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If I could only eat one type of meat for the rest of my life, I think it would have to be steak. For one thing, there are a variety of great cuts; from top sirloin all the way down to round, tasty meals can be prepared at a variety of price points.

For another, steak can be as simple as you want it to be. You certainly can try all manners of difficult preparations, but a perfectly cooked medium grade cut of steak tastes great to me every time.

The final thing I love about steak is the various cooking methods available. For years, I have been grilling full cuts straight on the grate, grilling up shish kebabs or searing steak on the stove top when the weather has been uncooperative.

Only recently though did I find a new, delicious way to cook my steak: grilling it on a Himalayan salt block. Let’s go through the steps.

Read how to cook steak on a salt block →

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As a red-blooded American, I have done all manner of grilling throughout the years – charcoal, gas, red meat, white meat, fish, vegetables, etc. Cracking open a cold one and starting up some charcoal is one of my favorite things to do in life. However, one thing that I am just recently getting into is using a Himalayan salt block on the grill. With the correct type of meat, the salt block can really enhance the flavor of the meat, and actually make the whole grilling process simpler if it is done correctly.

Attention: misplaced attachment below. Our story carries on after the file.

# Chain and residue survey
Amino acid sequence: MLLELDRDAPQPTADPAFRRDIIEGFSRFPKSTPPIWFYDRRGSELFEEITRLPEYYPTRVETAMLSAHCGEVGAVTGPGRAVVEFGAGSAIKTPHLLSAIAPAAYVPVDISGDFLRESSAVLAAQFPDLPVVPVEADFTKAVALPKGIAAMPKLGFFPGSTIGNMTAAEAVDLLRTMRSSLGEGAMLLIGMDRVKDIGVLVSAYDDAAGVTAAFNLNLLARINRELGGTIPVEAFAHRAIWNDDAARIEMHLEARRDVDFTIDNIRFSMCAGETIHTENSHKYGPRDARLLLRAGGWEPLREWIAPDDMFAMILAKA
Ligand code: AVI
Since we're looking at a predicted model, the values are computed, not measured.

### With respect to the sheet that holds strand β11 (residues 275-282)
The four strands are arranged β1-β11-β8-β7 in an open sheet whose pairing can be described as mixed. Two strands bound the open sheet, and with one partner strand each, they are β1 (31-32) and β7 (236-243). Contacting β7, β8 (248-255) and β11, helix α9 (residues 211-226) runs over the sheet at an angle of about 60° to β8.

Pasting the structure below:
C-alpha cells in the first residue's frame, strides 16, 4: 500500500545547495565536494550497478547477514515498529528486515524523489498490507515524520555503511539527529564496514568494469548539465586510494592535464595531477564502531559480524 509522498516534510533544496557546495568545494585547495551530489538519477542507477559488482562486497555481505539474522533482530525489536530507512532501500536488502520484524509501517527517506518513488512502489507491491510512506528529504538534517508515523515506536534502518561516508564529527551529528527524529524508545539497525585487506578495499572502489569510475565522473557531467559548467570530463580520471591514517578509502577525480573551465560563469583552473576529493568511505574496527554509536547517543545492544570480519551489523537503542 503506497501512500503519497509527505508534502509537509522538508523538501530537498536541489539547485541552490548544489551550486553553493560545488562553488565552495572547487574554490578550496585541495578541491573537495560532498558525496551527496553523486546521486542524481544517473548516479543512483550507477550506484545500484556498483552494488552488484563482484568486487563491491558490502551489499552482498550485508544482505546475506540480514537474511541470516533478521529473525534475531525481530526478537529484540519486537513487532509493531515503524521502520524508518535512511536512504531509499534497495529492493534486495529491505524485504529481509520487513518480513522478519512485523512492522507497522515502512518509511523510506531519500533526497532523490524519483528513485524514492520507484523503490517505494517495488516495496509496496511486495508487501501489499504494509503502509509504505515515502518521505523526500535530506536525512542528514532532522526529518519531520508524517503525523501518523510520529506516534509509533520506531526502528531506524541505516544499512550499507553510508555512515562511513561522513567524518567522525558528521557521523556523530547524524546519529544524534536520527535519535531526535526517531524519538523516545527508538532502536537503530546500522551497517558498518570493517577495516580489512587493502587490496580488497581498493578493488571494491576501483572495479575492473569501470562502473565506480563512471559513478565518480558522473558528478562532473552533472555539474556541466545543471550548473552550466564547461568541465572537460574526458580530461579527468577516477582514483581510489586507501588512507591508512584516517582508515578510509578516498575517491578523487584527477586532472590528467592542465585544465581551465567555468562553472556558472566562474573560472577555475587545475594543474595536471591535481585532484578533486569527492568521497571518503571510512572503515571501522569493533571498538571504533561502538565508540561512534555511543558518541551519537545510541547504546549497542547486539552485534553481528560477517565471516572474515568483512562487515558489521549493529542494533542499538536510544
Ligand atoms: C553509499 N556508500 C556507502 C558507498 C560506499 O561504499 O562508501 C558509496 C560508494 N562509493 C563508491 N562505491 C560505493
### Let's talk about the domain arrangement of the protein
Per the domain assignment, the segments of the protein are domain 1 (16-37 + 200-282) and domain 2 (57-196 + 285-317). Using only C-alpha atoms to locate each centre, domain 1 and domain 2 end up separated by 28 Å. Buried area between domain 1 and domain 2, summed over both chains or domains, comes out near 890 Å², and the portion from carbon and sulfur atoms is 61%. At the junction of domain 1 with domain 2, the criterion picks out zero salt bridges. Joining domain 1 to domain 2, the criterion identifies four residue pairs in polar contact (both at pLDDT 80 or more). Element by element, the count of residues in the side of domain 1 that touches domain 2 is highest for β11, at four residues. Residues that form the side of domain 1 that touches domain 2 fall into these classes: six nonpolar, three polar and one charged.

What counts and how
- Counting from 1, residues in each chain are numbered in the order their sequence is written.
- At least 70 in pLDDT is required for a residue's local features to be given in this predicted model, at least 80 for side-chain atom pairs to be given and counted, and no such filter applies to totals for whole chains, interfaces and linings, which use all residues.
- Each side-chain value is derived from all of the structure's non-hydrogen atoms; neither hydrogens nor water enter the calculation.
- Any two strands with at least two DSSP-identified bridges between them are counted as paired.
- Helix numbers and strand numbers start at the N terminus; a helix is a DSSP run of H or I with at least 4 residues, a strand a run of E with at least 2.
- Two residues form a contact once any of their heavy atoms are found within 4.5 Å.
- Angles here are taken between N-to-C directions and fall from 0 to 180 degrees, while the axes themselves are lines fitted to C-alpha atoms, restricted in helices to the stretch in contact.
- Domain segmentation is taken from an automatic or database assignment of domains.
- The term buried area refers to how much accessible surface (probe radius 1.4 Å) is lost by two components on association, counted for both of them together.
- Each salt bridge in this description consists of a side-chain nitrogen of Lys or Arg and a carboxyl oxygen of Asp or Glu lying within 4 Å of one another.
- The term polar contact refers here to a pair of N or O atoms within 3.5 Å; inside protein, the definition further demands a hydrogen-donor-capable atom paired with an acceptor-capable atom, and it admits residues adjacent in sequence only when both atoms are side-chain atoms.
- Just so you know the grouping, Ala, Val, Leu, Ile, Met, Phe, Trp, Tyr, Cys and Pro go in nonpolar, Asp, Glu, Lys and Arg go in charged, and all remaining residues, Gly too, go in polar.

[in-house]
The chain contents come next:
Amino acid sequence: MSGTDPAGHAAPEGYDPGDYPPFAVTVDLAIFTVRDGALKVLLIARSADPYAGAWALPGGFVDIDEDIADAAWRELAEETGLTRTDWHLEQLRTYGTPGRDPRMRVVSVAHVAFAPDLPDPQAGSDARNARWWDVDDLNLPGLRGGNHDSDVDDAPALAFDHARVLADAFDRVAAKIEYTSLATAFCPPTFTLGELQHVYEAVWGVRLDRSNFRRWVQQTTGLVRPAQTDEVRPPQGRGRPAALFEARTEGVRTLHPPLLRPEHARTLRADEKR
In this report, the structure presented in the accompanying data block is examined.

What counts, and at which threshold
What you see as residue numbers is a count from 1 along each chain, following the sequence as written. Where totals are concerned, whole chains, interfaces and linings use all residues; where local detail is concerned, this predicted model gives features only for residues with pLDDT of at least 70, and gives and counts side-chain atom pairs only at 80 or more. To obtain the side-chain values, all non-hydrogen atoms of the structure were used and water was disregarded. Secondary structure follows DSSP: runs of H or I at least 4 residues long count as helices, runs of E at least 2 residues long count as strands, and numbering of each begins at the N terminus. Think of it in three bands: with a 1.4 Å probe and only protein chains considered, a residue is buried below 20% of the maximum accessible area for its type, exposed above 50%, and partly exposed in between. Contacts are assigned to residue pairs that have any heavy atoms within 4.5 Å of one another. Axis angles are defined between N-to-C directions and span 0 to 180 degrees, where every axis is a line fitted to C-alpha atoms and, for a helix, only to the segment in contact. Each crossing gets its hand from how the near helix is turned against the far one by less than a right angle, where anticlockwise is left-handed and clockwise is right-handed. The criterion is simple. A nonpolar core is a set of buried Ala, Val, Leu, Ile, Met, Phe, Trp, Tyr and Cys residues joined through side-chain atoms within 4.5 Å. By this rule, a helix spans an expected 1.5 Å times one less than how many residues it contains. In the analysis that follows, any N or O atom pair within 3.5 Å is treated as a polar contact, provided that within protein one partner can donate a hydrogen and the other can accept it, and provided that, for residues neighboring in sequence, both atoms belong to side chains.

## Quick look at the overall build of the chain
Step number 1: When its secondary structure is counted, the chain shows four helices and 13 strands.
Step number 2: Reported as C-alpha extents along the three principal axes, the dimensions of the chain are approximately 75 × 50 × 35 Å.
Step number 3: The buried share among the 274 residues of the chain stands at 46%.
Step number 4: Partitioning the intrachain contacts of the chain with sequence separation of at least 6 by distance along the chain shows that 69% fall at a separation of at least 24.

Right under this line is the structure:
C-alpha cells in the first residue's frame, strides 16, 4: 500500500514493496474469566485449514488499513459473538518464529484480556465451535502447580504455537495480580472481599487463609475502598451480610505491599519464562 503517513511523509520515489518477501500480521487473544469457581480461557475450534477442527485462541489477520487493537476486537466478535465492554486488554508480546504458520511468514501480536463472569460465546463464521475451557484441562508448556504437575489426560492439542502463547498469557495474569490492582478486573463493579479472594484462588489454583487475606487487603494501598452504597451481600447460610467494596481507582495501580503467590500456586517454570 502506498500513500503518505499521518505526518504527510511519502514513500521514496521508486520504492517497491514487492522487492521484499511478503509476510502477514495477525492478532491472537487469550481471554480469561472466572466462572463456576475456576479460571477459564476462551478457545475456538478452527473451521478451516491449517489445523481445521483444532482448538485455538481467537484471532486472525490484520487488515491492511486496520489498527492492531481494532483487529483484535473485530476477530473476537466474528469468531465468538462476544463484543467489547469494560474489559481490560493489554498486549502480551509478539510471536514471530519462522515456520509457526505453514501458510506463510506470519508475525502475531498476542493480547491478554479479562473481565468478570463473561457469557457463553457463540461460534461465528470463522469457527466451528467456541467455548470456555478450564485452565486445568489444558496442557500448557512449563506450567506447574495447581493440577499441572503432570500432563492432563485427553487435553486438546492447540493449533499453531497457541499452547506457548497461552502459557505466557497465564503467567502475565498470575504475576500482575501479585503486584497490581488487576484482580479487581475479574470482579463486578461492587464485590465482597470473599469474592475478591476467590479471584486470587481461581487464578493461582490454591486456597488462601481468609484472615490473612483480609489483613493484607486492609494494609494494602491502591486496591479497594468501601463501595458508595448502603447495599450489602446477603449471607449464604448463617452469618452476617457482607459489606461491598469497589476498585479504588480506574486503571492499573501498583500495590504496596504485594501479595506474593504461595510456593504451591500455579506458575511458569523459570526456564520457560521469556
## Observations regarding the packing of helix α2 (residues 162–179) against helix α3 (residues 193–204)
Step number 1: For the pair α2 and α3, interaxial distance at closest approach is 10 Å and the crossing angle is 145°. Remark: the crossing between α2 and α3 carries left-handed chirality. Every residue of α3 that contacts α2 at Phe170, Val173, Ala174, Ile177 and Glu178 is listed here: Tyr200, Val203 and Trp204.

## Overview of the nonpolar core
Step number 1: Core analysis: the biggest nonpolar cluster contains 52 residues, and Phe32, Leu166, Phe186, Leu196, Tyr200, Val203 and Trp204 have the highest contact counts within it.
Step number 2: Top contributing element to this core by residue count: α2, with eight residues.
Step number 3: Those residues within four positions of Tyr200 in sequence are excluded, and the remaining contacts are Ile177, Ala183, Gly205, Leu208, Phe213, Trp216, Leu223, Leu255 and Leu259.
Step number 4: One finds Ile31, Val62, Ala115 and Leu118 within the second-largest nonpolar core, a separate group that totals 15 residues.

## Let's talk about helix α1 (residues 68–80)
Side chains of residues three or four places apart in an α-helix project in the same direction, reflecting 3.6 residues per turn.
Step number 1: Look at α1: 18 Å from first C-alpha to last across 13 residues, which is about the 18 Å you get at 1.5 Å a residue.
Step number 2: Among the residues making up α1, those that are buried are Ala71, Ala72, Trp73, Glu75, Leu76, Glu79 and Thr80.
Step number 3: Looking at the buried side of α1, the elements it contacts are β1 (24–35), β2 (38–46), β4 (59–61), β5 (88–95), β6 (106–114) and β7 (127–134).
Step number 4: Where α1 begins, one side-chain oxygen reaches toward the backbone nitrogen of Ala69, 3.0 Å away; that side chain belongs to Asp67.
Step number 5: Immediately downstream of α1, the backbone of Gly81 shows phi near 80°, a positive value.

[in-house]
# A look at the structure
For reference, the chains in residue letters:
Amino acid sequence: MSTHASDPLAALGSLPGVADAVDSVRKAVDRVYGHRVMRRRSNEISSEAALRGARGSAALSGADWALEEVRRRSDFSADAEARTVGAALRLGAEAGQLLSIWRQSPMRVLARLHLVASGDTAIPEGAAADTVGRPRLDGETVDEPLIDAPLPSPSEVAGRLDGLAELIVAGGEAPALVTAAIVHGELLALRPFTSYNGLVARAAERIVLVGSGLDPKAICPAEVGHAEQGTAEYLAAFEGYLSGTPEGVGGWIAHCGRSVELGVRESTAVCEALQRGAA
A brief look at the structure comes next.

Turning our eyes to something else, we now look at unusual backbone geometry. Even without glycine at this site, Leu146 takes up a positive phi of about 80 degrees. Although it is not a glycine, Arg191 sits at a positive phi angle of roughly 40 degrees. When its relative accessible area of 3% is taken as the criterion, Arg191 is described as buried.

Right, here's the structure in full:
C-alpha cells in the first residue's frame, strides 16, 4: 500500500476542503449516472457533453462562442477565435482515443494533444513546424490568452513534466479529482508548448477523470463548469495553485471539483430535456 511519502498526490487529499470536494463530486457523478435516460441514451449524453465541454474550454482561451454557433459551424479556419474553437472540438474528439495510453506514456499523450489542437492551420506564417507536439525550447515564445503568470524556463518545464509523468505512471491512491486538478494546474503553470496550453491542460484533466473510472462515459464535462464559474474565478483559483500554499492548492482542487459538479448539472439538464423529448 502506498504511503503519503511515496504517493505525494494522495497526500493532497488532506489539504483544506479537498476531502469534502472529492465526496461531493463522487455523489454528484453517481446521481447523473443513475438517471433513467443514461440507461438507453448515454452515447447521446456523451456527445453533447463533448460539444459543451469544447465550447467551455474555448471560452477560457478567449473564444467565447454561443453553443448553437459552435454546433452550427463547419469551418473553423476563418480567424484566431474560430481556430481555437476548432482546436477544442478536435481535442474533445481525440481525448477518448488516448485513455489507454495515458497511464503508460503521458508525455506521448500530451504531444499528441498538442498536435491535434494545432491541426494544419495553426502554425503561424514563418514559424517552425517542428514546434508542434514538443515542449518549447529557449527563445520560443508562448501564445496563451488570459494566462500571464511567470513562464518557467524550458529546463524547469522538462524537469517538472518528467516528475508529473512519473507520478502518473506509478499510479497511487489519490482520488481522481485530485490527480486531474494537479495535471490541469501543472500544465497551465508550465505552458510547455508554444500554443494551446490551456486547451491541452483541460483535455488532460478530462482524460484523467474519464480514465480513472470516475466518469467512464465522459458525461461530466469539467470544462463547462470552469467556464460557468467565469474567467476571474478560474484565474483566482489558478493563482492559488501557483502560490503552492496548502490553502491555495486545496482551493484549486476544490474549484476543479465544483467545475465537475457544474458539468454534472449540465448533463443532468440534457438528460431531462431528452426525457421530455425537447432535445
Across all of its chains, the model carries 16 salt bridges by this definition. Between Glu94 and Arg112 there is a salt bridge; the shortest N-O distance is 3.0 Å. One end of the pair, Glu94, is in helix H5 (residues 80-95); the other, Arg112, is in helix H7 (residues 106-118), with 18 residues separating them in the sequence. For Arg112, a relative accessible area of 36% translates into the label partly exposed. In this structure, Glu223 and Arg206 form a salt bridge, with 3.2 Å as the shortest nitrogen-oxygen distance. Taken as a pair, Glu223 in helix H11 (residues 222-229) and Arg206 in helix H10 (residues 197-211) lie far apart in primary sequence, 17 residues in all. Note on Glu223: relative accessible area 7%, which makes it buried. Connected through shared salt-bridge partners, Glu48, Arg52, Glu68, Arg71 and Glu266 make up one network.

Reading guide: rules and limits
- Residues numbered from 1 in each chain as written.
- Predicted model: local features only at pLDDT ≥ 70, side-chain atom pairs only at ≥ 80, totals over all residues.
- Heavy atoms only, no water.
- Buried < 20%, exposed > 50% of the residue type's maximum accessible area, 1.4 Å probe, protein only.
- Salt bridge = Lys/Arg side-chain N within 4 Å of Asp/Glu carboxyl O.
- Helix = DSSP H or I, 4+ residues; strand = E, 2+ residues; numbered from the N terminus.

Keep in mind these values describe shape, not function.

Today, I will share a few tricks I have learned through trial and error, along with a couple photos from my most recent salt block experience. First though, a little background on Himalayan salt blocks.

Read how to use a salt block on the grill →

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Steak and Cheese Calzone

The first time we grilled a calzone on a pizza stone, we had no idea how amazing it would taste. It’s a delicious crowd pleaser that can be served hot off the grill or made ahead of time and served at room temperature. You’ll enjoy it as next-day refrigerator leftovers, too.

This Steak and Cheese Calzone is a family favorite. Sharp provolone cheese, sliced rib-eye steak, mushrooms, and roasted peppers combine to form an incredible filling. We add smoked paprika to complement the wood smoked flavor of the grill. This is a perfect calzone recipe for your pizza stone!